Kushikatsu, battered and deep fried meat, veggies or seafood on a skewer, was on my list for must try things in Osaka but I was still apprehensive because I perceived it to be oily. Kushikatsu is . The kushikatsu restaurant we decided to try was Daruma Kushikatsu Restaurant. The branch of Daruma we got to visit was on a side street near the Dotonbori branch of Hanamaruken. There’s a bigger and more modern one along Shinsaibashi and many more scattered around Osaka but somehow we ended up in this one.
You can’t miss Daruma because of their chef/mascot in front of the store holding two sticks of kushikatsu’s. The branch we visited had a tiny one encased in a glass case so I posed in the branch below Yakiniku M (will blog about this soon).
The branch was a bit on the old side but it added to the charm. The first floor was packed so we headed to the 2nd floor where a couple of the tables were already having a couple of drinks evidenced by the reddish cheeks of the patrons.
Here’s the menu for you to have an idea of the items they serve.
(Click for full sized pics)
We were not sure if Lauren would like it so we got the Shinsekai Set (¥2,200 or about P815) to share between 3 people. If Lauren liked it, we’ll just order more ala carte sticks.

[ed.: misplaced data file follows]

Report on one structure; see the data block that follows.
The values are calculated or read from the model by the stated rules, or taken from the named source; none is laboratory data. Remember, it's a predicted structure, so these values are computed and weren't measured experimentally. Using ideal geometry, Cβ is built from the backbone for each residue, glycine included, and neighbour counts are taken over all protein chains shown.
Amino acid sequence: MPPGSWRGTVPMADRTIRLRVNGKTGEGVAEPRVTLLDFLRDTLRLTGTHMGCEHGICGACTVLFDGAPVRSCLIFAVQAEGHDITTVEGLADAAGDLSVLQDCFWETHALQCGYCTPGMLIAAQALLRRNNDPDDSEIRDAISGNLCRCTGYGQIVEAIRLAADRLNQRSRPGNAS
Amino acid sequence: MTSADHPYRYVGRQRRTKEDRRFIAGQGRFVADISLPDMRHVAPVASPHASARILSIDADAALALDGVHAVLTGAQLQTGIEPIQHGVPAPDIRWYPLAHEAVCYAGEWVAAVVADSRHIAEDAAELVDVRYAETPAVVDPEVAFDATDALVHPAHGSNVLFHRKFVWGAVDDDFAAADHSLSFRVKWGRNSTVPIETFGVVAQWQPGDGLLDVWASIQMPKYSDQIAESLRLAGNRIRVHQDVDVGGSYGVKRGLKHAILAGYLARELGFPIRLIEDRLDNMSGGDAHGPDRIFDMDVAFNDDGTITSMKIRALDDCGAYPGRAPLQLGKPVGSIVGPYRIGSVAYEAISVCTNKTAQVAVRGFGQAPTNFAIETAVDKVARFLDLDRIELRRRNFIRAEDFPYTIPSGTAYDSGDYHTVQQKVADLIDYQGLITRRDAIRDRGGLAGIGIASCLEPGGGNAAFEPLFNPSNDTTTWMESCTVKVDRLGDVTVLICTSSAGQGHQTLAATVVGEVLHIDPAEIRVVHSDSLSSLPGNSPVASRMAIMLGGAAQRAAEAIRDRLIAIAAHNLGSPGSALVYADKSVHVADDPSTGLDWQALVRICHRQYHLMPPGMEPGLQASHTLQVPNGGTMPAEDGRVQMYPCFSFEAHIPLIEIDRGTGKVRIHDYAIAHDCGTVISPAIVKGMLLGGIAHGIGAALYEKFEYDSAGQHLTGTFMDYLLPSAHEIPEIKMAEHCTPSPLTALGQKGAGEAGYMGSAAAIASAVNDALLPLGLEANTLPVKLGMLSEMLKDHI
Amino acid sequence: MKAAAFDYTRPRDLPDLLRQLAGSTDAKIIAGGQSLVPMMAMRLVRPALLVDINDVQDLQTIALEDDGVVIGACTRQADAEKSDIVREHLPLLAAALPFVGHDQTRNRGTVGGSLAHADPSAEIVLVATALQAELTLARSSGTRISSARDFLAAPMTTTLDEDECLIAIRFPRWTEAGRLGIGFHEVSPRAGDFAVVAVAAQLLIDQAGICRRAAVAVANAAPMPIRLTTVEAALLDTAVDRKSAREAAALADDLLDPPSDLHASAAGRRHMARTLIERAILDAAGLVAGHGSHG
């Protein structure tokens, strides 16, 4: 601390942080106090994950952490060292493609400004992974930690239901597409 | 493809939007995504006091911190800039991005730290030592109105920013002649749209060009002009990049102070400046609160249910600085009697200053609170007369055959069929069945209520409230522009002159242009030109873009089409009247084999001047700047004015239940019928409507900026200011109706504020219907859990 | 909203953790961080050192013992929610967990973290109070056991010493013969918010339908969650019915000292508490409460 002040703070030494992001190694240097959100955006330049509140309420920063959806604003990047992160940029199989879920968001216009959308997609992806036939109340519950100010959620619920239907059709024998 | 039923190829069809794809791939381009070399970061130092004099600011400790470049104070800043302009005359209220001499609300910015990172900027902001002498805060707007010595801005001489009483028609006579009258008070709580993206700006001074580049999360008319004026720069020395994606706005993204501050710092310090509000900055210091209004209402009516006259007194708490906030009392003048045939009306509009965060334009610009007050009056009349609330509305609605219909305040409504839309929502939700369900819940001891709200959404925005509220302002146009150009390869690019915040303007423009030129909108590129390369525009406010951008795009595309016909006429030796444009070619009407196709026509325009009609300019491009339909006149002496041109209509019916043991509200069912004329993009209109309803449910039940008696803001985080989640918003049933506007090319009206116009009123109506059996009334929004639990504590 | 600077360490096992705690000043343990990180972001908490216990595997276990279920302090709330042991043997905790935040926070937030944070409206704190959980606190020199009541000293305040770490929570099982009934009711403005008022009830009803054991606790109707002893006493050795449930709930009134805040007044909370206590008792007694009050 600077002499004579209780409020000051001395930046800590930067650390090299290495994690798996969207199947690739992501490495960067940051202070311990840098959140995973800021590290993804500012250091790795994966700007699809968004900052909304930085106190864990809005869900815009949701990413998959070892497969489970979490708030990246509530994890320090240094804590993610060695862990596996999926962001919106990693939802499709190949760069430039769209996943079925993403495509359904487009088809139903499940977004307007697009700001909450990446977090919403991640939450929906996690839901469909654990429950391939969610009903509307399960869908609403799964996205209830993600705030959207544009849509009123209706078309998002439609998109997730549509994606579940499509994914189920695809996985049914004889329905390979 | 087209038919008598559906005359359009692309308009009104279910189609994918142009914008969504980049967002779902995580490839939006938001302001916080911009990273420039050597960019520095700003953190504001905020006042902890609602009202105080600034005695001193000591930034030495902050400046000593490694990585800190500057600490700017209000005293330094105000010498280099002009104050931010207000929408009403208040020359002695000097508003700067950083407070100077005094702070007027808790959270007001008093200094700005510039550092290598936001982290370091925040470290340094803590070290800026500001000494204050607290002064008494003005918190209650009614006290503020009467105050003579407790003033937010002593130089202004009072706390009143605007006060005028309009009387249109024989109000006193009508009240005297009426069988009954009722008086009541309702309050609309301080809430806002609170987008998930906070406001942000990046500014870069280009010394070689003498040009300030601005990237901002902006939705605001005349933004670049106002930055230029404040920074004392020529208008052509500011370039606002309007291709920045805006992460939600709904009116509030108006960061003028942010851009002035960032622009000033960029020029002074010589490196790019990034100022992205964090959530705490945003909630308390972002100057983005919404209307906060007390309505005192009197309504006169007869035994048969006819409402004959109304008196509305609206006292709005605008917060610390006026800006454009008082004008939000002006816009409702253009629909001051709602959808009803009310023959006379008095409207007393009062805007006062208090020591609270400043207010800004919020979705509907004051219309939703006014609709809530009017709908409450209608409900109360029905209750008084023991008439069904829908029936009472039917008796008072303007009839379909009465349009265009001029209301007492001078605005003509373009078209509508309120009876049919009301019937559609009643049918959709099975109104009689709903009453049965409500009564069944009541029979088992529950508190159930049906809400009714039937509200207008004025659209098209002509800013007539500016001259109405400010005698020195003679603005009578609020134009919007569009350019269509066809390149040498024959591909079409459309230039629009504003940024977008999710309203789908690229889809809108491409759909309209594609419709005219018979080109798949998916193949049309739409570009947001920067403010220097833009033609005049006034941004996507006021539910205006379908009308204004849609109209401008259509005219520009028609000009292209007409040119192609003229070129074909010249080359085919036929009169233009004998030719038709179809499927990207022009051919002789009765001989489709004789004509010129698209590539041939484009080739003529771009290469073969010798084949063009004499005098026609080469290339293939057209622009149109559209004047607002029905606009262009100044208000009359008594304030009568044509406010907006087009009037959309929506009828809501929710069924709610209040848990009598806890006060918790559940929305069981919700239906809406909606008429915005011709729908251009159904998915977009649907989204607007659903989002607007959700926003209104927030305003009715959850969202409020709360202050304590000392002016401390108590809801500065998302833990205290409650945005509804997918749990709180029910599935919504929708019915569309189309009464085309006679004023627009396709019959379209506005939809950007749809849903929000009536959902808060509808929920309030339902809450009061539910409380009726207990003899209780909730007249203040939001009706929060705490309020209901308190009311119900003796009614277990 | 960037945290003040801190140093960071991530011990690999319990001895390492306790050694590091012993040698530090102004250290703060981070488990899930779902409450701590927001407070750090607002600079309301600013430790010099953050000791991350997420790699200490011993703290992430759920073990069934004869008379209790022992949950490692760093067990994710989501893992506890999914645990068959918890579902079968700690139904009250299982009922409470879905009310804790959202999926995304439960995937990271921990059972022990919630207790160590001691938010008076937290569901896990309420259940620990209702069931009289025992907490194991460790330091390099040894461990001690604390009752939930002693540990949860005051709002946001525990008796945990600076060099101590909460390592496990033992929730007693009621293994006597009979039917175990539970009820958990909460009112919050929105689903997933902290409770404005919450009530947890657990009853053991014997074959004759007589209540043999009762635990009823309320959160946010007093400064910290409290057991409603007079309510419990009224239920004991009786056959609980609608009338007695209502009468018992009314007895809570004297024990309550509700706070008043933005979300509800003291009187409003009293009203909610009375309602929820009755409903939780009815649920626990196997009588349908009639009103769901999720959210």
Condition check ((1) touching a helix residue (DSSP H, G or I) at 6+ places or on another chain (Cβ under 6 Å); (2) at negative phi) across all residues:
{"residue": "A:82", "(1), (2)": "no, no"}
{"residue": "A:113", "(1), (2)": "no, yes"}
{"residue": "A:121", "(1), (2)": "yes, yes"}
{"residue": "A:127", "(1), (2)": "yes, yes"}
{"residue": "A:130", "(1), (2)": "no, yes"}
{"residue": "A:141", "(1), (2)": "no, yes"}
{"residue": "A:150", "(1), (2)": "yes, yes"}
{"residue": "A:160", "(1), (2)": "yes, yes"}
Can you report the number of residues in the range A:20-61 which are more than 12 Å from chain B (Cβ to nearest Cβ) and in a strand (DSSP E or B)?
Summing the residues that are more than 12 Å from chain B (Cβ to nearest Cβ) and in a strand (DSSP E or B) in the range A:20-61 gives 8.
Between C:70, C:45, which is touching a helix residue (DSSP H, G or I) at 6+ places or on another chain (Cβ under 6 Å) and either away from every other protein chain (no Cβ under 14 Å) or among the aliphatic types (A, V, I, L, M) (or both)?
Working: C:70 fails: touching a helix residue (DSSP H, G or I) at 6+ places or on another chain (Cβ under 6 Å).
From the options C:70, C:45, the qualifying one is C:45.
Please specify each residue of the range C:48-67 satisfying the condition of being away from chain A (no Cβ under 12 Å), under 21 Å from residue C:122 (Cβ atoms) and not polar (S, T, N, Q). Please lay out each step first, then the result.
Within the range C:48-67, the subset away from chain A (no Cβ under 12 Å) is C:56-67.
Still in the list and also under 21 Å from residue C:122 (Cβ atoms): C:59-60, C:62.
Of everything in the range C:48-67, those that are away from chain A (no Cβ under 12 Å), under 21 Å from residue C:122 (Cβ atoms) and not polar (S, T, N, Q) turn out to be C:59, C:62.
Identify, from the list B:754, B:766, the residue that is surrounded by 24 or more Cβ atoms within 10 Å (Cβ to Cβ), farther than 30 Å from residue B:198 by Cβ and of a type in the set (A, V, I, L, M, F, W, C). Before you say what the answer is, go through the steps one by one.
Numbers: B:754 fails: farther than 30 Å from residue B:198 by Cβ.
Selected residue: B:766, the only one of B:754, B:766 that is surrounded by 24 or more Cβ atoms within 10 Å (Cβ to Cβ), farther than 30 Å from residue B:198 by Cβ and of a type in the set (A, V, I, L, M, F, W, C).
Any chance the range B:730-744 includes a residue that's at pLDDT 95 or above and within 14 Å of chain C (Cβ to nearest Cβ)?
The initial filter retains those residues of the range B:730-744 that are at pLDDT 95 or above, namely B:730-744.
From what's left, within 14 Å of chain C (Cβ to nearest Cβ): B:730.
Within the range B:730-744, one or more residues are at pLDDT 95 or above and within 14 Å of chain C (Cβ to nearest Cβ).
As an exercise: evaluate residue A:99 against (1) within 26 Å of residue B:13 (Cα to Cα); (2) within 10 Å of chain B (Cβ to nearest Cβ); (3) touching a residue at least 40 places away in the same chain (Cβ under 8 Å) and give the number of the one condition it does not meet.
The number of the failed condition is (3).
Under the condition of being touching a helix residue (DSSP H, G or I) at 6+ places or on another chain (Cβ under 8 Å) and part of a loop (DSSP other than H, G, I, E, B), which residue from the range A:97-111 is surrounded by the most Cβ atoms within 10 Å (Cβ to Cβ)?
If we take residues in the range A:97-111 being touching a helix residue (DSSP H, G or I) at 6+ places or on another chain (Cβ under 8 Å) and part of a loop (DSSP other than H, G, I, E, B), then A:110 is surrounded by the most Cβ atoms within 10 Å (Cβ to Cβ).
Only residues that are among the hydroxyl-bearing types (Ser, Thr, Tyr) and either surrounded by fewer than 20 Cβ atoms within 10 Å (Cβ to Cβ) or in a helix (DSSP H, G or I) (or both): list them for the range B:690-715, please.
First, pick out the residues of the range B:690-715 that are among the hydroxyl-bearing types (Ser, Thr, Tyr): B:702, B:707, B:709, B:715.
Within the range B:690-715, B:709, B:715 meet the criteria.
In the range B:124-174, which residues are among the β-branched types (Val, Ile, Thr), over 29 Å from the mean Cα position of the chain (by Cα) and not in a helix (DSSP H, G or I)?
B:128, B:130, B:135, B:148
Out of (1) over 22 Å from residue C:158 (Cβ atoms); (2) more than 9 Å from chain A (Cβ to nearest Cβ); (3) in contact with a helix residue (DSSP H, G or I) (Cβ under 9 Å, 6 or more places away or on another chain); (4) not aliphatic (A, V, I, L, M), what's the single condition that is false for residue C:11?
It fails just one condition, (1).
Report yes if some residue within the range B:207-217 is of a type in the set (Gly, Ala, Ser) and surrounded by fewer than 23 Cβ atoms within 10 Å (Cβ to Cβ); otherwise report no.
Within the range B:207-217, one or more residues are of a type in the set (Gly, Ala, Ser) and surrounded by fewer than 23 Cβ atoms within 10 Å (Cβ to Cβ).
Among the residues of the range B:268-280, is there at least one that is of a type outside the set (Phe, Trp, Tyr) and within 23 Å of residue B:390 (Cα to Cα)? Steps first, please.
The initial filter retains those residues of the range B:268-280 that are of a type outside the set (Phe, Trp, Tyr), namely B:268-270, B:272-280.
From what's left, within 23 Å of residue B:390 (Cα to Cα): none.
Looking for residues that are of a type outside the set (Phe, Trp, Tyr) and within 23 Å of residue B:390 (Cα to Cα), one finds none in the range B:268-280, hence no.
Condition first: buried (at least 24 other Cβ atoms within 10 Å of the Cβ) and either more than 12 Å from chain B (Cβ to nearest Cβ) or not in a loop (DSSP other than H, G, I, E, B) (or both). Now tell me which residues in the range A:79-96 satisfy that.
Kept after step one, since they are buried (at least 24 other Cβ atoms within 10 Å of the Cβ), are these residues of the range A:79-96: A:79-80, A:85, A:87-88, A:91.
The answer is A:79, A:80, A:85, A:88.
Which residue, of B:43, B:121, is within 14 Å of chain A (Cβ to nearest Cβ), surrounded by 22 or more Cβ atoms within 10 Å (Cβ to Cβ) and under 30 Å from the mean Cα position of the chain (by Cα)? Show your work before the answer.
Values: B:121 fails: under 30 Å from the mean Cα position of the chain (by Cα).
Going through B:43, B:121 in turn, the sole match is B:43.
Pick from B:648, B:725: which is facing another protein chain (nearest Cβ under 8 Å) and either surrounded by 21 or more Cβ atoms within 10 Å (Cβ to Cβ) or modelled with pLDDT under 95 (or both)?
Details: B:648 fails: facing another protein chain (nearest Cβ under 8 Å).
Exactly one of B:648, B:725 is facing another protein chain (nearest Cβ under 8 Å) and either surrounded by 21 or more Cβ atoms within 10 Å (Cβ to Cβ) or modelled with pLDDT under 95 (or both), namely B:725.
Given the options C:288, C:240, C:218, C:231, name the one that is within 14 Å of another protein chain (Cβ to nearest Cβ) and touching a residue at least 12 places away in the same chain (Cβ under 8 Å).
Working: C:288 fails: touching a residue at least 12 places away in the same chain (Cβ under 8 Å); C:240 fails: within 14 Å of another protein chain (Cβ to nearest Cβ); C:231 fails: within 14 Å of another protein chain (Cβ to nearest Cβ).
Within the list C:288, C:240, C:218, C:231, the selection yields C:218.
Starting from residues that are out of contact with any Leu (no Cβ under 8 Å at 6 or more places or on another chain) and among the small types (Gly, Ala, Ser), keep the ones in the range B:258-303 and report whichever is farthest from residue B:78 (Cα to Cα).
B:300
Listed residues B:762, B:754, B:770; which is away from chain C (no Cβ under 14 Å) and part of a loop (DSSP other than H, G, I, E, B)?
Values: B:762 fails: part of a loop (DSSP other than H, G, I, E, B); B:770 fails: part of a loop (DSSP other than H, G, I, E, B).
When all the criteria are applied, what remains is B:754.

Our set with a choice of Doteyaki (beef tendon with radish), kimchi or edamame. We picked the doteyaki since it was the most interesting among the choices and it turned out to be delicious. A platter of cabbage is also served, as a crunchy accompaniment to the kushikatsus. You can ask for more of the cabbage once you consume the all, best dipped into the sauce, a lighter tonkatsu sauce that has a bit of oyster sauce taste.
There is a sauce container on every table and it is forbidden to “double dip”. Bamboo container are also provided to put your finished sticks.
Here’s our platter of 15 sticks. Lauren tried one and demanded we order more especially the special beef skewer they had listed on a flyer stuck on the wall.
Remember to dip only once into the sauce. The skewers were lightly fried with not a trace of oil, so chomp away.
Best thing to drink with kushikatsu is Draft Beer “beeru” (¥530 or about P197). The beer is a bit on the expensive side but really matches a lot of food in Osaka.
Here’s are the point remnants of our meal. Off we go to walk it off and eat some more food along the way.
We really loved the atmosphere at Daruma, it had the izakaya (drinking place) feel to it. I’ve seen other more modern branches that have automated order taking gadgets on every table. Which ever branch you visit, I guarantee the food will not disappoint.
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